WERE NOT CRAZY! YOU'RE ALL CRAZY! What with all your silly prattle about the world being round. HA!

Jagzeplin wrote:
Shoal07 wrote:
Paleocon wrote:

It's bizarre to think that the quintessential Republican's Republican (Dwight D Eisenhower) would be shouted down as a Communist in this day in age, but he absolutely would. Hell, he'd be Swift Boated the moment he opened his mouth.

It's not like "republican" and "democrat" haven't flipped ideals in the past - in fact, I think they have more than once. Like two moving dots on an ideology circle.

Your right. During the civil war era republicans were considered liberal and democrats the stalwart conservatives.

Heh--during the Civil War the republicans were liberal and the democrats were everyone else. Don't even know how you'd categorize something like Tammany Hall in those days on a liberal/conservative scale.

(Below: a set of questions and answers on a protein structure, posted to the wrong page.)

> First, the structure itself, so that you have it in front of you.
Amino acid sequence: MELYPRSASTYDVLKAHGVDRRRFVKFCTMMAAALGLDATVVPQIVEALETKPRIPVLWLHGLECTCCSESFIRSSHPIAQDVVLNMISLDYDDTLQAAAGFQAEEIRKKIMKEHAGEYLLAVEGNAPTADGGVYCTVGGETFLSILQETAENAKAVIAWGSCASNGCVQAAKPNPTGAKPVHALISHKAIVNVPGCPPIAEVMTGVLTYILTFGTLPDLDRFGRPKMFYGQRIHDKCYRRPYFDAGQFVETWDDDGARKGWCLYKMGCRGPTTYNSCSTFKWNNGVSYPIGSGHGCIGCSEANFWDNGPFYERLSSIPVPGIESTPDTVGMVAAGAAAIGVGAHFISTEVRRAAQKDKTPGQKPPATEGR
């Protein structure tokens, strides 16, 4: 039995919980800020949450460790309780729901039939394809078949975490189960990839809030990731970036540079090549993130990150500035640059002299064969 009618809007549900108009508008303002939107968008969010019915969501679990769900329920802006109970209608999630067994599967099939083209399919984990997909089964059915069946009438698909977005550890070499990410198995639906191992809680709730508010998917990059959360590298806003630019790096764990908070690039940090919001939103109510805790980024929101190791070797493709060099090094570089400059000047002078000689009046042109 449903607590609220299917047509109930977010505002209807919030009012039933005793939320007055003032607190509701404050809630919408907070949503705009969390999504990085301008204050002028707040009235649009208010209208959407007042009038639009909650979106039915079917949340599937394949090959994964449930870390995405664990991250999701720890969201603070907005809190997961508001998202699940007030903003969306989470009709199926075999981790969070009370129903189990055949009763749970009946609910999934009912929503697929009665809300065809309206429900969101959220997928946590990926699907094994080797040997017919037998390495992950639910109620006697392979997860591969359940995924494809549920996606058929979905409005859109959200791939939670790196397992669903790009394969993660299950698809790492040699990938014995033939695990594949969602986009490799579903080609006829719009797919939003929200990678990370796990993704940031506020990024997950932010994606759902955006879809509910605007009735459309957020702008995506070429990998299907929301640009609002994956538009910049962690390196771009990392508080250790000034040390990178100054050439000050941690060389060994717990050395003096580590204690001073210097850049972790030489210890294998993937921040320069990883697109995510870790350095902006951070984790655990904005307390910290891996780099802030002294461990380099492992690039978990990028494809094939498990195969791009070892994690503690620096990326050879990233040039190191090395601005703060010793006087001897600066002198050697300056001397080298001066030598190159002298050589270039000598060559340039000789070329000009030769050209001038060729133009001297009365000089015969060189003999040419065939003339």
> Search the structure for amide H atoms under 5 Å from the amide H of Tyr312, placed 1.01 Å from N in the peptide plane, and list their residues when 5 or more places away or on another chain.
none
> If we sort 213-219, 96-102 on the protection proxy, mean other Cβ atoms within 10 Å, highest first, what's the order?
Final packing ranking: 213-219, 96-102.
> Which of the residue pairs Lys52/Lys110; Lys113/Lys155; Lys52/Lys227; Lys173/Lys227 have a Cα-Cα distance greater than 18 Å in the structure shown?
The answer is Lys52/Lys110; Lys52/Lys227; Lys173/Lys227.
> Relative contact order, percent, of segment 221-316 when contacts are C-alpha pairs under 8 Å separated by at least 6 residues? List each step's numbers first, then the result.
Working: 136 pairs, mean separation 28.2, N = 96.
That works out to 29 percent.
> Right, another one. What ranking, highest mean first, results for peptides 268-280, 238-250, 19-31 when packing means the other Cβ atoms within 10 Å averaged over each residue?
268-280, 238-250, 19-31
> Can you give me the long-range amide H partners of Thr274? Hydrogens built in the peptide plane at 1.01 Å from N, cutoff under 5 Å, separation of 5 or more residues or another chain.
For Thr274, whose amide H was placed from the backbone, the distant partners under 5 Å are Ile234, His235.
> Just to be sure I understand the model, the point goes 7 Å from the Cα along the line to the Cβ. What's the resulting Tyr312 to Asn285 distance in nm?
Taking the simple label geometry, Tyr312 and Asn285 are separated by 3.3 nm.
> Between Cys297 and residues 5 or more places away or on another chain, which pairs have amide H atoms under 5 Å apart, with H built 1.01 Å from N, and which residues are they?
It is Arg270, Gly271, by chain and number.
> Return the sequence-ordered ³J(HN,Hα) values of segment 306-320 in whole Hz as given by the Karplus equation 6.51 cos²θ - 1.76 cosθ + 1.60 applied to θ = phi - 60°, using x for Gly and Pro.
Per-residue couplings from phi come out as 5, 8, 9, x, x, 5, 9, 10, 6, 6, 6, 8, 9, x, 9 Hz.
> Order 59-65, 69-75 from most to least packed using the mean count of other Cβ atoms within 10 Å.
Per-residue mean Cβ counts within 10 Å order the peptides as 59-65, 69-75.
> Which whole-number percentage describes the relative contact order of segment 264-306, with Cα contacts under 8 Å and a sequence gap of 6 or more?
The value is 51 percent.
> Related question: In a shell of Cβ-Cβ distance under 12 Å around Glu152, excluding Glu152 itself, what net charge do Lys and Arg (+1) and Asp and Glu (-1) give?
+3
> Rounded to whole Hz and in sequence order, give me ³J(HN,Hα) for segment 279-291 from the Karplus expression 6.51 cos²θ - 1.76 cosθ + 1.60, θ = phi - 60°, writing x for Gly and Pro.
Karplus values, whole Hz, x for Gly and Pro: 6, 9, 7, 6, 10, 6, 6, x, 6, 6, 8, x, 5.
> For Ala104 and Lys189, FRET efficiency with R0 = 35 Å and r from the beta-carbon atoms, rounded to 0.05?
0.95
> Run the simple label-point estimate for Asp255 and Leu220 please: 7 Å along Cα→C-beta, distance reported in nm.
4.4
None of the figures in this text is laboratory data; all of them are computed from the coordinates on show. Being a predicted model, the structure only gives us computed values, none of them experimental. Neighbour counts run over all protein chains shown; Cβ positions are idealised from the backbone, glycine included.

CheezePavilion wrote:
Jagzeplin wrote:
Shoal07 wrote:
Paleocon wrote:

It's bizarre to think that the quintessential Republican's Republican (Dwight D Eisenhower) would be shouted down as a Communist in this day in age, but he absolutely would. Hell, he'd be Swift Boated the moment he opened his mouth.

It's not like "republican" and "democrat" haven't flipped ideals in the past - in fact, I think they have more than once. Like two moving dots on an ideology circle.

Your right. During the civil war era republicans were considered liberal and democrats the stalwart conservatives.

Heh--during the Civil War the republicans were liberal and the democrats were everyone else. Don't even know how you'd categorize something like Tammany Hall in those days on a liberal/conservative scale.

Kleptocratic

This reminds me of the Simpsons episode : Treehouse of Horror VII : Citizen Kang .